All along the East Coast, Americans are bracing for a weather disaster of some sort. The further north Hurricane Sandy travels, those of us in the mid-Atlantic and New England anticipate its merger with a Nor’easter and at a time when pressure systems will cause the hurricane to take a sharp westerly turn.

We are now hearing that degraded satellite and other weather monitoring equipment is likely to impact the accuracy of prediction. The infrastructure hasn’t been maintained as well as it should, and glitches and poor data quality are probable.

What they used to call ‘global warming’ had transformed into ‘climate change’ since, after all, weather wasn’t merely heating up, it was also cooling, and other weather events were significantly altering. It eventually got so out of whack that many now call it ‘global weirding,’ which seems to me an appropriate phrase. But when a National Weather Service meteorologist referred to this unprecedented storm that is about to ravage the East Coast, he called it ‘a monstrous hybrid vortex.’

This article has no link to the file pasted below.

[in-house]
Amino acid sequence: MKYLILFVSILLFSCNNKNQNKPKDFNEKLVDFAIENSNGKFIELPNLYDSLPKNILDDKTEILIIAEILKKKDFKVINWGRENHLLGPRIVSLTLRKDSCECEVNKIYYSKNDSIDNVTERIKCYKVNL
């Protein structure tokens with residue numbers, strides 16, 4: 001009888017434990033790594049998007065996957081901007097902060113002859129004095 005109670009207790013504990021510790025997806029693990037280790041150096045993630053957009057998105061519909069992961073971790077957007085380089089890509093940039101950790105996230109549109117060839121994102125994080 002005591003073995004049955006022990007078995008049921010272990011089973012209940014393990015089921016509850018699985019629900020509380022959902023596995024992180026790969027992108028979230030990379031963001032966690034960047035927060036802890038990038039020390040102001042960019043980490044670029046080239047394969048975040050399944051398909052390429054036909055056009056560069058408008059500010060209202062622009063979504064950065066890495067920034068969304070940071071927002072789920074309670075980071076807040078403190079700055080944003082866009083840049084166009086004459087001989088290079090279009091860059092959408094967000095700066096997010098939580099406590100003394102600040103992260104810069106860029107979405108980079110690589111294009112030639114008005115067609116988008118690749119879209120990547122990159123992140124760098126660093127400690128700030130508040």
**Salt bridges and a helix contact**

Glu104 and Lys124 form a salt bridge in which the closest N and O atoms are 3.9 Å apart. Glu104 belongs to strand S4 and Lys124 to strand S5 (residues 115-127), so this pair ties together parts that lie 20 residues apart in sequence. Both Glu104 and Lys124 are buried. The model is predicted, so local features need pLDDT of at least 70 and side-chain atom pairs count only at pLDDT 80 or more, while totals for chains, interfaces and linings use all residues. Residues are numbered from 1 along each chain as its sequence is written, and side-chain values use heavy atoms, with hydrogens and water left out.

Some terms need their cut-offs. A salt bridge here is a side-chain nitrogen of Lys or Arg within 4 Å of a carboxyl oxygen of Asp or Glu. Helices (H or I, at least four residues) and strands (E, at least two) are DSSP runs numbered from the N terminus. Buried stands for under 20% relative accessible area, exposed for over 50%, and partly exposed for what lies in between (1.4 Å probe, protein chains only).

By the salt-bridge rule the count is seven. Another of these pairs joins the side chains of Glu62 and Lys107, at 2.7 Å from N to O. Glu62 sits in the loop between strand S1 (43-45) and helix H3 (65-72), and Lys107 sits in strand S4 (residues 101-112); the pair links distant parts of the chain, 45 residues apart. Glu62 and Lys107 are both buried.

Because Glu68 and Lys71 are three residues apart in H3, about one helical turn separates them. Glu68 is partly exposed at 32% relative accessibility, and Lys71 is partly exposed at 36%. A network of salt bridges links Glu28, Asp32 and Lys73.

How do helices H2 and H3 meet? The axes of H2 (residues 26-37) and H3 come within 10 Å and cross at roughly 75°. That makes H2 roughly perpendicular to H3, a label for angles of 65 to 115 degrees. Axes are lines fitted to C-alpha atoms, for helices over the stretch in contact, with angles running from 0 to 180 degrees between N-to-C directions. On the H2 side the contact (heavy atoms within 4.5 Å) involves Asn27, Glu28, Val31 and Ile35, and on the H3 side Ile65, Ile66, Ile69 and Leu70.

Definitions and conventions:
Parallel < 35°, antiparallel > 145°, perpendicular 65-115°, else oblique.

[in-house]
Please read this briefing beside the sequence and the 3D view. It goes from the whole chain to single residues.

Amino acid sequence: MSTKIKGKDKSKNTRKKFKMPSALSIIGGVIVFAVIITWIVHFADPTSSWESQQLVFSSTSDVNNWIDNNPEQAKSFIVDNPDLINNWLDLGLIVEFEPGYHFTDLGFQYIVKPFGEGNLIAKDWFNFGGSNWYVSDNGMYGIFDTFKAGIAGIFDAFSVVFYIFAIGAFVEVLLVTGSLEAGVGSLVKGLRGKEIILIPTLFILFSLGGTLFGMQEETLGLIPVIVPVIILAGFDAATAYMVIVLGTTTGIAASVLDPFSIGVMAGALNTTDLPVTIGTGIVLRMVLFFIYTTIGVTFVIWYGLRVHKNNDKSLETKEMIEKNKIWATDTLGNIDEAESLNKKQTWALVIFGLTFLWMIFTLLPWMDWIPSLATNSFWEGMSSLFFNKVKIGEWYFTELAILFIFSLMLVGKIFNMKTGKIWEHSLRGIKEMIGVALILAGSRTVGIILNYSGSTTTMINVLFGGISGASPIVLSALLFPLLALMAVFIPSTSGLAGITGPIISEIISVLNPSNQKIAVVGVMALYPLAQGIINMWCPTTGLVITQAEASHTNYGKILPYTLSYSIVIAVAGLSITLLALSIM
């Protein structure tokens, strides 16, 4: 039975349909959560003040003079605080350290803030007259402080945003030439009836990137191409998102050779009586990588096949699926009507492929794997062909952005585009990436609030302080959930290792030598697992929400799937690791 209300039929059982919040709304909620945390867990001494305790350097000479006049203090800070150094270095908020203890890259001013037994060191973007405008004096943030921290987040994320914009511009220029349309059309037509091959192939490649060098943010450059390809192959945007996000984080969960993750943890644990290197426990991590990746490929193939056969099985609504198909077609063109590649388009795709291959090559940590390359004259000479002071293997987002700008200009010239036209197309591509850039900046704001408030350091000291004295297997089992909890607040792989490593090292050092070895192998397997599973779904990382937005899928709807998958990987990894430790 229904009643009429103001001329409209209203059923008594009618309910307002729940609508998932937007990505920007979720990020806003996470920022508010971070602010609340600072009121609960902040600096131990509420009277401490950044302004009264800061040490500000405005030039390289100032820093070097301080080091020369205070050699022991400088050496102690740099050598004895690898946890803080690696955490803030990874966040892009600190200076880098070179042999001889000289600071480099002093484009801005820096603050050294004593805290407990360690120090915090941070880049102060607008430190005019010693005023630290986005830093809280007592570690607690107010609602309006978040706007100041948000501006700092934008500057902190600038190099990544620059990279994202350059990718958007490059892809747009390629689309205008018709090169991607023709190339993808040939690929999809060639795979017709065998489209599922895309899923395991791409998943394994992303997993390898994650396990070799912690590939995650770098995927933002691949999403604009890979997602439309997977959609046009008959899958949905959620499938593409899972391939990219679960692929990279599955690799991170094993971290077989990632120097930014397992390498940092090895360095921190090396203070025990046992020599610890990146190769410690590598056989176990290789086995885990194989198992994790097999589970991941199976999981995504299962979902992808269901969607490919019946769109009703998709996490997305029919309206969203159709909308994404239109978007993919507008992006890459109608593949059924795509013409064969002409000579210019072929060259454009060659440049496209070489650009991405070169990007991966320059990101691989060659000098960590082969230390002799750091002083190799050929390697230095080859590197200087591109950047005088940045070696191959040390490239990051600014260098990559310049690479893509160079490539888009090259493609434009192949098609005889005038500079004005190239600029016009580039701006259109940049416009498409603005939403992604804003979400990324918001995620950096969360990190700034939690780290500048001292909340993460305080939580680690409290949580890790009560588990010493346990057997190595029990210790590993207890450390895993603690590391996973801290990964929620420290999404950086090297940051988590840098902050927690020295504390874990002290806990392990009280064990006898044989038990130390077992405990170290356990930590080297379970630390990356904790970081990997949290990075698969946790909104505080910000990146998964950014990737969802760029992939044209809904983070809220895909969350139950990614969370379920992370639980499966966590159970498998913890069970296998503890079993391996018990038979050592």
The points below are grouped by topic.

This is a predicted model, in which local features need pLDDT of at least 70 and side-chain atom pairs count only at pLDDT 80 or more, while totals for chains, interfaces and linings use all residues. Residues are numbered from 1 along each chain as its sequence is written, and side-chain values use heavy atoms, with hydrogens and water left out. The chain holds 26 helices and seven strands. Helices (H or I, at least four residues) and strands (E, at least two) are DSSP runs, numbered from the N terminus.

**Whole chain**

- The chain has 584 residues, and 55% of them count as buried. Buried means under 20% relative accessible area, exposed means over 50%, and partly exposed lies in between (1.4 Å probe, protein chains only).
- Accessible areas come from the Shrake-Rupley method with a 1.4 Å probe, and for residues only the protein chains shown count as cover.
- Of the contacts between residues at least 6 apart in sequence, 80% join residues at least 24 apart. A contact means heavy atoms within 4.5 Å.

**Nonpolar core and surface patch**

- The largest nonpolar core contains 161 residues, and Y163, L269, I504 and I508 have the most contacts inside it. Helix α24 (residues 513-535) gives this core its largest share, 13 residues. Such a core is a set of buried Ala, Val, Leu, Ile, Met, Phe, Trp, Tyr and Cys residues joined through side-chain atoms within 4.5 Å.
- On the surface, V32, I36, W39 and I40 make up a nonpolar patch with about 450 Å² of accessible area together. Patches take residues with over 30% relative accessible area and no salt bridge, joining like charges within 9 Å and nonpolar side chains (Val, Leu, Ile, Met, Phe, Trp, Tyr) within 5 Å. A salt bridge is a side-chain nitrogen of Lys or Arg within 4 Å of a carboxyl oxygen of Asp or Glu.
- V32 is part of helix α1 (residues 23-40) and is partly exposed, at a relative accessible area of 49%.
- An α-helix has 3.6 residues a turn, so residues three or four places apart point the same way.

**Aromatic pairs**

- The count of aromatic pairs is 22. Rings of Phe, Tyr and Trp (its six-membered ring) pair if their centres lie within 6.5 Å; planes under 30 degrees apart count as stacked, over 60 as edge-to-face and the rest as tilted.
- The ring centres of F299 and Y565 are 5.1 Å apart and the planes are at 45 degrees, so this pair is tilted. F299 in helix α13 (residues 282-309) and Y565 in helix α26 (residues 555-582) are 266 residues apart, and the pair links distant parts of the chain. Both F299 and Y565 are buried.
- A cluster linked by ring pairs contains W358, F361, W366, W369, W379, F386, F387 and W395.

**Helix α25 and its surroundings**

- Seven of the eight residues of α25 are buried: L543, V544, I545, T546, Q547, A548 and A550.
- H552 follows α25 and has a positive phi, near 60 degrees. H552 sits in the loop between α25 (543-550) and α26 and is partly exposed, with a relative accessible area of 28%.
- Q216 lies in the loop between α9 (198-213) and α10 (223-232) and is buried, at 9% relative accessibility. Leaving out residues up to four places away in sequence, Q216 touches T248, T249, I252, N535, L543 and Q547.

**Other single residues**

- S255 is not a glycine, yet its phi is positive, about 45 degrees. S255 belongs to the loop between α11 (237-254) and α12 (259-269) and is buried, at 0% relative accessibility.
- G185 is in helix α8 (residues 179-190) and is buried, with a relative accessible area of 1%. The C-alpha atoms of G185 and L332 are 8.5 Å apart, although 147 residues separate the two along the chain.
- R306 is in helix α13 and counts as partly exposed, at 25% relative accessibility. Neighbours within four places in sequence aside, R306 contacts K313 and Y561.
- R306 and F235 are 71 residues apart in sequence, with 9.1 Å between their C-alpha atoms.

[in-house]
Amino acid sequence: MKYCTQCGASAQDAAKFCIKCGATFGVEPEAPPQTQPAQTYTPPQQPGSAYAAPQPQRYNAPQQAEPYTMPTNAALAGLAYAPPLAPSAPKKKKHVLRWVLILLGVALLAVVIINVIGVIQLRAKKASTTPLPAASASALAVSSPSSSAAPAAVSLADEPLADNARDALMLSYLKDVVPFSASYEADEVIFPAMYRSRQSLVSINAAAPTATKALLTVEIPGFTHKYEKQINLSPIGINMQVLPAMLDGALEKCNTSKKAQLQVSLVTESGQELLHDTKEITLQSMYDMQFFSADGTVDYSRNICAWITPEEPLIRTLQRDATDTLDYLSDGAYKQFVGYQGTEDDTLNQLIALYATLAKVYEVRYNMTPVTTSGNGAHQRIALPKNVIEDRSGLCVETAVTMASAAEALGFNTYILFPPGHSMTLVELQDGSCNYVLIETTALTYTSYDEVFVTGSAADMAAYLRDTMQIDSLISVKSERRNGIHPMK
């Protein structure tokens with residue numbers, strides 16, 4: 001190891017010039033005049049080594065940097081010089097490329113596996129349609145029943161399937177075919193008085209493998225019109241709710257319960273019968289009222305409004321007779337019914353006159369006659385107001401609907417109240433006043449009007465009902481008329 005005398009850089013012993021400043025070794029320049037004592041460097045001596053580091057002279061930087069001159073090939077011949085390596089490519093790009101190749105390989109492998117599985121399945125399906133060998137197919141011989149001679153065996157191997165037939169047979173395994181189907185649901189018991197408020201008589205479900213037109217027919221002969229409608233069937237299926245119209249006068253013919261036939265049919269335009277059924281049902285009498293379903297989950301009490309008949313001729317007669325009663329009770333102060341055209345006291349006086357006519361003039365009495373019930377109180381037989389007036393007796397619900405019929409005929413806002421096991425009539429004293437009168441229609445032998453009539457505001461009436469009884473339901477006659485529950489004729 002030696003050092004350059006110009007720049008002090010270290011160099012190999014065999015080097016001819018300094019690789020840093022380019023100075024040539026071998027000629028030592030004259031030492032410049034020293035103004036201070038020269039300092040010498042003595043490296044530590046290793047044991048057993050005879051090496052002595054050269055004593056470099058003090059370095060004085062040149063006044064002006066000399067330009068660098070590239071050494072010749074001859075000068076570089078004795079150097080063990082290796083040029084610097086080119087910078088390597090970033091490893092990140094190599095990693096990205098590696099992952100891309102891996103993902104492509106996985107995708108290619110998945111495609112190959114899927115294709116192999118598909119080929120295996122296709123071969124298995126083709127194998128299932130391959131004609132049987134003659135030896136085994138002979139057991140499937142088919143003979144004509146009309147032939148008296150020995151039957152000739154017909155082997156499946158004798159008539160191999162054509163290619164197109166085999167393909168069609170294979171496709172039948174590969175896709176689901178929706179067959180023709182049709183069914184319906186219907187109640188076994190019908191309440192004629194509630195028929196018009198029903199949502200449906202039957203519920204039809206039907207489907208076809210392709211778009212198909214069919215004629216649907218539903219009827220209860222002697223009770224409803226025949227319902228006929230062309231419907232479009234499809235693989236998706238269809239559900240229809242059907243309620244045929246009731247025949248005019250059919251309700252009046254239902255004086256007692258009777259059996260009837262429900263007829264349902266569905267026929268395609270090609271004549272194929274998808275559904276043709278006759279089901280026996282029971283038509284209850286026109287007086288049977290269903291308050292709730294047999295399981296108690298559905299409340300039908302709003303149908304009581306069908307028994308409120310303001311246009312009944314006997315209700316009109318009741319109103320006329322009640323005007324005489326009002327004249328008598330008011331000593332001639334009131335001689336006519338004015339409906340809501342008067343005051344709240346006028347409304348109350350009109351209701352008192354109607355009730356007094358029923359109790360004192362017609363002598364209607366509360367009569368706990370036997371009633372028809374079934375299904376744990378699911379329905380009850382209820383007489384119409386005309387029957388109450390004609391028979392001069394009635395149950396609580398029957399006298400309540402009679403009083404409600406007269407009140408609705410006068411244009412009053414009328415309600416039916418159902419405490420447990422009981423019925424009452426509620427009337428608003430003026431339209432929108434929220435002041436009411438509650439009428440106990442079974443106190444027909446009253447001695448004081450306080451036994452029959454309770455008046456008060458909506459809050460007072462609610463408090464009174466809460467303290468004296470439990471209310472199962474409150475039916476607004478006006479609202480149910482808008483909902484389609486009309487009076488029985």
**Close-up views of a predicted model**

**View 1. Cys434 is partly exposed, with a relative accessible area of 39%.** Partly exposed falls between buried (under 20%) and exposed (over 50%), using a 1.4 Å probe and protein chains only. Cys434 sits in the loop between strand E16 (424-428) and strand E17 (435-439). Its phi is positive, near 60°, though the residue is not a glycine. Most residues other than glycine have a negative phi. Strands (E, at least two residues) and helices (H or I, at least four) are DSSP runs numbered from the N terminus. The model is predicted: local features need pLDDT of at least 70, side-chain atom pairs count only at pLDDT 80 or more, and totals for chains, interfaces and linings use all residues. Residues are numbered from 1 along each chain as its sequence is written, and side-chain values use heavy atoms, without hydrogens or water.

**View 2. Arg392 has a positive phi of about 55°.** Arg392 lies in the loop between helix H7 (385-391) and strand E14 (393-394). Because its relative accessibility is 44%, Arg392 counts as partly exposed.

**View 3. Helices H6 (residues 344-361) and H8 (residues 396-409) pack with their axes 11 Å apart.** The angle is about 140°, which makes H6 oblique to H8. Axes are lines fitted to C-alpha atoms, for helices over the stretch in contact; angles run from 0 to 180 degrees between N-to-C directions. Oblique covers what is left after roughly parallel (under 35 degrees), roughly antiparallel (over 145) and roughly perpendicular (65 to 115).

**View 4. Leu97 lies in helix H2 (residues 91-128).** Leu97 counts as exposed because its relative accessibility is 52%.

Such a description seems to describe the climate events we should anticipate, not only over the next few days, and along a few hundred miles of coastline on one particular continent. Instead, we might recognize that in what some are calling the Anthropocene, the atmosphere around this planet is an aggregation of monstrous vortices that rejects accurate modelling, not purely because of our decaying technological infrastructure, but because the unfolding events confound human cognition and the devices we use to scaffold our feeble minds to an unhinged and uncontrollable natural universe. In this age, our monsters are the air we breathe, and they are far more restless than Frankenstein’s.

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